The Wolves of the West Coast
Beautiful and wild. Let’s try and keep them that way.
Often feared and always elusive, the wolf has been vilified since humankind has existed, and for good reason…at least way back when. Wolves are terrifying if there’s a bunch of them and not many of you. But what if you turn the tables? On Vancouver Island, most wolf populations live north of the Comox Valley and west of the Vancouver Island Ranges. Many are right here in Clayoquot Sound, subsisting off the fat of the sea just like the rest of us.
As maybe the iconic pack animal, wolves hang out in groups of 12 to 15, and the island has upwards of 250 wolves spread from tip to tip. They can be hunted and trapped each fall, winter and spring. In the 1980s, an experimental wolf-control program (AKA “cull”) in the Nimpkish Valley neat Port McNeill on the north island tried to help the ailing black-tailed deer recover, but didn’t work, an argument often made against wolf culls across the province. They stopped the cull in the 90s, but the kill continues in the interior of B.C. As logging continues to eat away at territory wolves need to hunt and hide in, the Vancouver Island population continues to stay small compared to the human encroachment happening with every passing year.
As a subspecies of the North American grey wolf, some consider the V.I. group “coastal wolves” or “sea wolves.” At one time, a genetically distinct wolf population did exist here, but was exterminated in the early 20th century. The current population is not different from a DNA perspective. Their behaviour is certainly unique. They are incredible swimmers, even in strong currents. They are adept at fishing for salmon, especially at spawn. They eat mussels and clams from the intertidal zone, scavenge all manner of mammals and fish along the shoreline, dine on those dastardly sea otters and seal pups, and use the rocky and sandy beaches of the coast to move fast quickly up and down the coast. At any point, they duck into the rainforest and disappear. Very few people get to see one in real life, even then most hardened locals consider themselves lucky to have done so.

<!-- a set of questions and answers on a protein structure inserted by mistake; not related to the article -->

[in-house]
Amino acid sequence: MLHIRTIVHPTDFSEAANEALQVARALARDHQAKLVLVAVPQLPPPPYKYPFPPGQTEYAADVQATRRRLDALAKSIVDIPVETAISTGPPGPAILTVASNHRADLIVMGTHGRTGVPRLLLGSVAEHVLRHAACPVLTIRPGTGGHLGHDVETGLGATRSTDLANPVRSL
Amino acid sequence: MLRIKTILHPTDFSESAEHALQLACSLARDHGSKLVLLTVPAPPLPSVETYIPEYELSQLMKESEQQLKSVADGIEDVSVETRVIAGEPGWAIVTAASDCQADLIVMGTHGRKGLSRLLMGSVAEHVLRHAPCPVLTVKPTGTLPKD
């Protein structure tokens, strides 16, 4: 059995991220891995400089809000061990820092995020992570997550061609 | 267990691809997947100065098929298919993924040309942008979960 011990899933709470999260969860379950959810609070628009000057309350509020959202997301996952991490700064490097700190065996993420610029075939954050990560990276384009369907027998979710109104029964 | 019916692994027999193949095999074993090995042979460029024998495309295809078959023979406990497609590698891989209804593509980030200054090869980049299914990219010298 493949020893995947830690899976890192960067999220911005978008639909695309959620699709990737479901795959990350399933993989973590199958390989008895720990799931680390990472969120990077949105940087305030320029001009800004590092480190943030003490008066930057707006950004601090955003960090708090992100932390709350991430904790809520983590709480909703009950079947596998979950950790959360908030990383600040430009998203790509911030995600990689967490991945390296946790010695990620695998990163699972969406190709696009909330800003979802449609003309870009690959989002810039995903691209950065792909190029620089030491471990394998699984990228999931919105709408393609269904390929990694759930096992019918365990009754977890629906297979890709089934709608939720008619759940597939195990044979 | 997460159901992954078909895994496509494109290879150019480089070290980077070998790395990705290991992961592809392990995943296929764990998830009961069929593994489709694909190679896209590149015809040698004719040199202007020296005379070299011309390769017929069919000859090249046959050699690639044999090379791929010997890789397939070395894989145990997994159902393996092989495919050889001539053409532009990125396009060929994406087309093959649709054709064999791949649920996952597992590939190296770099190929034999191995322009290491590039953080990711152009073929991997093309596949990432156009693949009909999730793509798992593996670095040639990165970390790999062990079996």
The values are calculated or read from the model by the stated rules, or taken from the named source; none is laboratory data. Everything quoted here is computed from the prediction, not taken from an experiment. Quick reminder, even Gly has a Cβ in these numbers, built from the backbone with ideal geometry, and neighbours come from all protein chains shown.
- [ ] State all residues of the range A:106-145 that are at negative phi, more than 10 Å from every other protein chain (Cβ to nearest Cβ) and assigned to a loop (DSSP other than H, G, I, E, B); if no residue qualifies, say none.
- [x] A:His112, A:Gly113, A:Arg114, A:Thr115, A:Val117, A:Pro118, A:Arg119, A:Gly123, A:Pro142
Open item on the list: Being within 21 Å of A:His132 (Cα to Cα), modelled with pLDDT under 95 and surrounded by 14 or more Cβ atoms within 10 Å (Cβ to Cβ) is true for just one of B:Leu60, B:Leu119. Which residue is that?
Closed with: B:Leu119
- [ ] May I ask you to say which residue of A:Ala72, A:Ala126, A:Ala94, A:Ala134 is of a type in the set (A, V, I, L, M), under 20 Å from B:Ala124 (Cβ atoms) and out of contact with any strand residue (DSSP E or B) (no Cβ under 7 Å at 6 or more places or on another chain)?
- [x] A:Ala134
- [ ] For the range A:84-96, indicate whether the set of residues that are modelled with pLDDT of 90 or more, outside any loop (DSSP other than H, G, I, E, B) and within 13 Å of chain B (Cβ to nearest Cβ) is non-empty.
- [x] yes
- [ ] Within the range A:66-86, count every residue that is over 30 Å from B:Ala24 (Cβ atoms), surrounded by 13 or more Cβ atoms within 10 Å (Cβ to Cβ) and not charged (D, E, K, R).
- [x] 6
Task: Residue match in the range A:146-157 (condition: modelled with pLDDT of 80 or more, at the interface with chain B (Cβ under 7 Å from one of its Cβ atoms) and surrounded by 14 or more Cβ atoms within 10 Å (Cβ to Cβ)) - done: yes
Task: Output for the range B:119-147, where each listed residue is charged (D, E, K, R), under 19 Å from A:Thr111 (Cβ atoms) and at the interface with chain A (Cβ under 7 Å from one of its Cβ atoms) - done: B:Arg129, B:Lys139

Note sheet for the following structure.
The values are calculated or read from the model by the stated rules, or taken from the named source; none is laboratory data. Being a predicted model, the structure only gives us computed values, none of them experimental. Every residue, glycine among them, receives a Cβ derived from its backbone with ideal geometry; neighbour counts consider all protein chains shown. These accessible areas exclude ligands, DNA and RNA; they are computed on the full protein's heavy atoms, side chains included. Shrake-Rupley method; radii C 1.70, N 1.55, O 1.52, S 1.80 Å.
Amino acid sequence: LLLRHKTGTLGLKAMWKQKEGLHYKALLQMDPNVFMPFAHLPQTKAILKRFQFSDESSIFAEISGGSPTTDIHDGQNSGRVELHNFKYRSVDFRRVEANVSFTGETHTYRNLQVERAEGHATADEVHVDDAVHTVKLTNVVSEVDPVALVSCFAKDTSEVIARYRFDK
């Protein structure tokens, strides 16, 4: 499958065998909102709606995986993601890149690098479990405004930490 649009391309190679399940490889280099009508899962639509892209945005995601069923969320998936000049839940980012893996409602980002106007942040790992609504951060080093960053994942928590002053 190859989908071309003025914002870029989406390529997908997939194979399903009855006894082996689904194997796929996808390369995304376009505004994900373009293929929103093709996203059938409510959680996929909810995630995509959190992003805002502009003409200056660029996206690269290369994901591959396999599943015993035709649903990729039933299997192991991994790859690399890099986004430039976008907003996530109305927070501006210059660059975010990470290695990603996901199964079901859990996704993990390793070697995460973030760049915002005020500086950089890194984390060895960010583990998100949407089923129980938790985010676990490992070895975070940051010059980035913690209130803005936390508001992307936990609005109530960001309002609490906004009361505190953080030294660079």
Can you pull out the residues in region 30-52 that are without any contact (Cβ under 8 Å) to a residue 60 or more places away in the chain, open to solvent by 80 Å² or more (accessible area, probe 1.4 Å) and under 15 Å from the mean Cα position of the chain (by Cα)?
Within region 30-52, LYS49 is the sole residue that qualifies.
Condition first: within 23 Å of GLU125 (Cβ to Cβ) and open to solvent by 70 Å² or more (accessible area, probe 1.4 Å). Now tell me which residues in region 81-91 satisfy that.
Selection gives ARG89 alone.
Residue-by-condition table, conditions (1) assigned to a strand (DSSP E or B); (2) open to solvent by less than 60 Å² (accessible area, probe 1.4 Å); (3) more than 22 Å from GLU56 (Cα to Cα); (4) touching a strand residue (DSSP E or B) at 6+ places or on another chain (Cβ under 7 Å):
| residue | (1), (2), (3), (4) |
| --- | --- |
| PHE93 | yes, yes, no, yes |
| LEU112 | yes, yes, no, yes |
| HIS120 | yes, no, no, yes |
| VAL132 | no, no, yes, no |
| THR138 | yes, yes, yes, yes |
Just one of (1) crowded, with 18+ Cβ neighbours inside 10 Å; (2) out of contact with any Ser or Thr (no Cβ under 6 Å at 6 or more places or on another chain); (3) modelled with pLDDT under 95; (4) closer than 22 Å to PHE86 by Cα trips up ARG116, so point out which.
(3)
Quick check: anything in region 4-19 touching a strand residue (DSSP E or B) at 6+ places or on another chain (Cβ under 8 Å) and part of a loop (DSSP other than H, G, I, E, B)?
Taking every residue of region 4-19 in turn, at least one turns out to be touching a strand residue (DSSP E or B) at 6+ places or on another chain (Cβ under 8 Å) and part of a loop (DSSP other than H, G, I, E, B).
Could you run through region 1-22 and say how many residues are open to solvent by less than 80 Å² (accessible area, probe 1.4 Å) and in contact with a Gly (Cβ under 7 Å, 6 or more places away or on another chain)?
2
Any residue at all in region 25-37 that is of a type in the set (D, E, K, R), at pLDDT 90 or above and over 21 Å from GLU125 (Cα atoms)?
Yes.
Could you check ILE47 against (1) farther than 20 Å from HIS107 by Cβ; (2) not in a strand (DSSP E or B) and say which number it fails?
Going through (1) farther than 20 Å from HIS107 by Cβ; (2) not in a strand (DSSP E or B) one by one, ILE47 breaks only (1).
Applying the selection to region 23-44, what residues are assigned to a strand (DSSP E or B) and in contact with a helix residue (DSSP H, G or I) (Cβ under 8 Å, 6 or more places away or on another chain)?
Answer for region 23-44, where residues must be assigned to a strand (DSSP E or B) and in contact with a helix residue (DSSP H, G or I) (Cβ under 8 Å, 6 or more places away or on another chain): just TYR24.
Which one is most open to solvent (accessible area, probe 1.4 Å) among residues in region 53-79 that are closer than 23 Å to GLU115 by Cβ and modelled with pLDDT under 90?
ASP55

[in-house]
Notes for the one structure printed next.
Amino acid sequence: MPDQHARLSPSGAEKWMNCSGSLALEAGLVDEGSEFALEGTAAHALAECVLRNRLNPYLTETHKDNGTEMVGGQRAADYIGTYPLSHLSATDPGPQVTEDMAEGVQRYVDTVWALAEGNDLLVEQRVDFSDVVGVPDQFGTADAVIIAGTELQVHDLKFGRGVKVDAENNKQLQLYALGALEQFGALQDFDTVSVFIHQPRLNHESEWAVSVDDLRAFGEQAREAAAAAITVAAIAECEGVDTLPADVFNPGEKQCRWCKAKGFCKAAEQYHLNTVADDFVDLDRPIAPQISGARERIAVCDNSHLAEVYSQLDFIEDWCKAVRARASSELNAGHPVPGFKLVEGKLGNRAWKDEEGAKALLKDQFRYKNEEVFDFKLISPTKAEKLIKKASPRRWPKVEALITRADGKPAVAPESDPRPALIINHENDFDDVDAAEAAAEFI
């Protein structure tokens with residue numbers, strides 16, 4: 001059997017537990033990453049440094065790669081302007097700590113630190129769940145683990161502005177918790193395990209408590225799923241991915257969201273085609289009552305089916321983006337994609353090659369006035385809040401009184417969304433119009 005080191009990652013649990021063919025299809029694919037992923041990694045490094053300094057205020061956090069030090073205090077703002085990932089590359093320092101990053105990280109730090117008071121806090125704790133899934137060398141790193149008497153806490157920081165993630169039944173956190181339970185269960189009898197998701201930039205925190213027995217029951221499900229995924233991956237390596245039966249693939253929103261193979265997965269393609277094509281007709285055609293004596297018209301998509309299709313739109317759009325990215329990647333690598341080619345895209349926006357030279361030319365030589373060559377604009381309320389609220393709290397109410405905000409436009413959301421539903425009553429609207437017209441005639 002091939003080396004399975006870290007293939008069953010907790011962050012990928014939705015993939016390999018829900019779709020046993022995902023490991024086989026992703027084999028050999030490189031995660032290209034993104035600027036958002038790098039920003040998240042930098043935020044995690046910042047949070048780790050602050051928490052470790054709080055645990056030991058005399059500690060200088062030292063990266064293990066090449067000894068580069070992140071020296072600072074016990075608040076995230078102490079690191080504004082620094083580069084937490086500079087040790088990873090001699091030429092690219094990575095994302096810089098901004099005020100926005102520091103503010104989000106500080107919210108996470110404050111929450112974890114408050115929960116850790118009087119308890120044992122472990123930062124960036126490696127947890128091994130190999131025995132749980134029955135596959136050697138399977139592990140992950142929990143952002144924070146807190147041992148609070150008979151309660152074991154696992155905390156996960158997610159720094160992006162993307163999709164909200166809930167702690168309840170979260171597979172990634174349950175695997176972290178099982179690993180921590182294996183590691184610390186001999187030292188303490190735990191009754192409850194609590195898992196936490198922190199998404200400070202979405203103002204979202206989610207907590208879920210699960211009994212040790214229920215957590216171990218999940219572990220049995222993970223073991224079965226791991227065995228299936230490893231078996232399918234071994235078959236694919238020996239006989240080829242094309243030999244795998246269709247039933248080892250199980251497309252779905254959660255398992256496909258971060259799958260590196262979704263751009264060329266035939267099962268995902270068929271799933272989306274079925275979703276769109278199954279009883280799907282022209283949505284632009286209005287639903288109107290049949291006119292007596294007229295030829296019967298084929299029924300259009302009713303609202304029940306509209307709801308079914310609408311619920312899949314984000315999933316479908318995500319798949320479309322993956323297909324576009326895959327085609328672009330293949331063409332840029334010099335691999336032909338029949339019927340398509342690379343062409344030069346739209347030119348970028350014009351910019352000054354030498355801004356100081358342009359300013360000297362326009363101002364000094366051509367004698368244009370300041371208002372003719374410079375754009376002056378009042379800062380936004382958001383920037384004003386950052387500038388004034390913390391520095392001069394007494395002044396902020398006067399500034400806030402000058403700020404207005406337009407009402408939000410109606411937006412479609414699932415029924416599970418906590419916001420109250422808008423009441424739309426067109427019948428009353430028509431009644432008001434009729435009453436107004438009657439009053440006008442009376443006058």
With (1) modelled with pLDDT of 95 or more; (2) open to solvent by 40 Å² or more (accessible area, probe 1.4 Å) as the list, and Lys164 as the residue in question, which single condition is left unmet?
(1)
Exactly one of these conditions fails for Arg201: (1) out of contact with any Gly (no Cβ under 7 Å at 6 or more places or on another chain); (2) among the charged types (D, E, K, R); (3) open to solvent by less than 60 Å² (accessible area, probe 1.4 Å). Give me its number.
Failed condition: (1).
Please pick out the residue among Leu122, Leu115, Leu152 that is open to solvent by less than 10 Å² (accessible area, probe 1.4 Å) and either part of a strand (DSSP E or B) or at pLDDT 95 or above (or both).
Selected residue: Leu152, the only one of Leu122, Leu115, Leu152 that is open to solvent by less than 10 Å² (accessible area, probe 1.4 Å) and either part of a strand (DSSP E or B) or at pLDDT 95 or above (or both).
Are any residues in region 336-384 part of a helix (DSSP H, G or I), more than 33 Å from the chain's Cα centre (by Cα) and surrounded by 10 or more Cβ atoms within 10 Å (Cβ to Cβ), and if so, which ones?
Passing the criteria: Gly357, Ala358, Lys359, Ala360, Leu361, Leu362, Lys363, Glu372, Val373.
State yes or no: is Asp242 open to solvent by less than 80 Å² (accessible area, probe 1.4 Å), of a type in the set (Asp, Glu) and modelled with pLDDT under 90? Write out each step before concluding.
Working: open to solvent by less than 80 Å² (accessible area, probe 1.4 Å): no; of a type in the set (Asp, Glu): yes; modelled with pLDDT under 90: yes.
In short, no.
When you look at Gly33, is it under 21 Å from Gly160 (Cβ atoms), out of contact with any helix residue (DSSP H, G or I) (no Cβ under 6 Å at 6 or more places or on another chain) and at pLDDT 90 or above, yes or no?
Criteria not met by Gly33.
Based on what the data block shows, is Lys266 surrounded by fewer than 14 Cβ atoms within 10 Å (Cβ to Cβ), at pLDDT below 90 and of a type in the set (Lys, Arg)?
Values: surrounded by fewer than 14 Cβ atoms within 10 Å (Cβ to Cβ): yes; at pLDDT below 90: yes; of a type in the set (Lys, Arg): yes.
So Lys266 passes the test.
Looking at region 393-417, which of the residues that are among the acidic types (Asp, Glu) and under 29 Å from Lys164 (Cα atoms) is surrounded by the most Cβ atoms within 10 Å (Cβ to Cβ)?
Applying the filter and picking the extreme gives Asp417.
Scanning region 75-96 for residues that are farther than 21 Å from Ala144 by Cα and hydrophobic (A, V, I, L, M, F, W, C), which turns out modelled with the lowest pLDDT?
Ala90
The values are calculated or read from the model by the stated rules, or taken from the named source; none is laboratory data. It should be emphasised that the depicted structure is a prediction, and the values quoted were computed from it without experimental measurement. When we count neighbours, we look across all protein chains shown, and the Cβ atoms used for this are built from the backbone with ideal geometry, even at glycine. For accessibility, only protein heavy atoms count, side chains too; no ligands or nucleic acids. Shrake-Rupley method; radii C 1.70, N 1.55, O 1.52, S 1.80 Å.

Vargas Island has become famous for its wolf pack, but there is legitimate concern that human garbage and even deliberate feeding of wolves is leading their inevitable demise. After all, one tourist was attacked while sleeping on the beach, but what the often-told story leaves out. From a fantastic 2017 article in The Tyee J.B. MacKinnon explains:
“In the weeks leading up to the attack, at least four serious encounters occurred between people and aggressive, fearless, or food-seeking wolves in the area. Finally, on July 2, 2000, a kayaker sleeping under the stars awoke in the night to find a wolf sitting on the end of his sleeping bag. Another camper scared it away, but it returned, this time pulling on the sleeping bag with its teeth. When the kayaker began shouting and fending off the wolf, it attacked — whether out of raw aggression or as a defensive response, no one can say. By the time the wolf was chased away again, the man had bite wounds to his back, hands and head. It took 50 stitches to close the cuts on his scalp. The next morning, conservation officers killed two wolves on Vargas Island. If they had been humans, we would have said that they were “known to the authorities”
Over the years, Vargas Island’s wolves had become food conditioned from tourists and left behind food. The same wolves who attacked the kayaker were the pups raised on this behaviour, all grown up on easy human food. Once again, when examined with a discerning eye, we see the enemy is us, and that our behaviours laid the foundation for our fears. Wolves rarely attack. When they do, it’s almost always our fault. Let’s do better. Leash your dogs. Pack out what you pack in. Carry pepper spray and bear bangers. These beautiful, fierce survivors deserve our respect.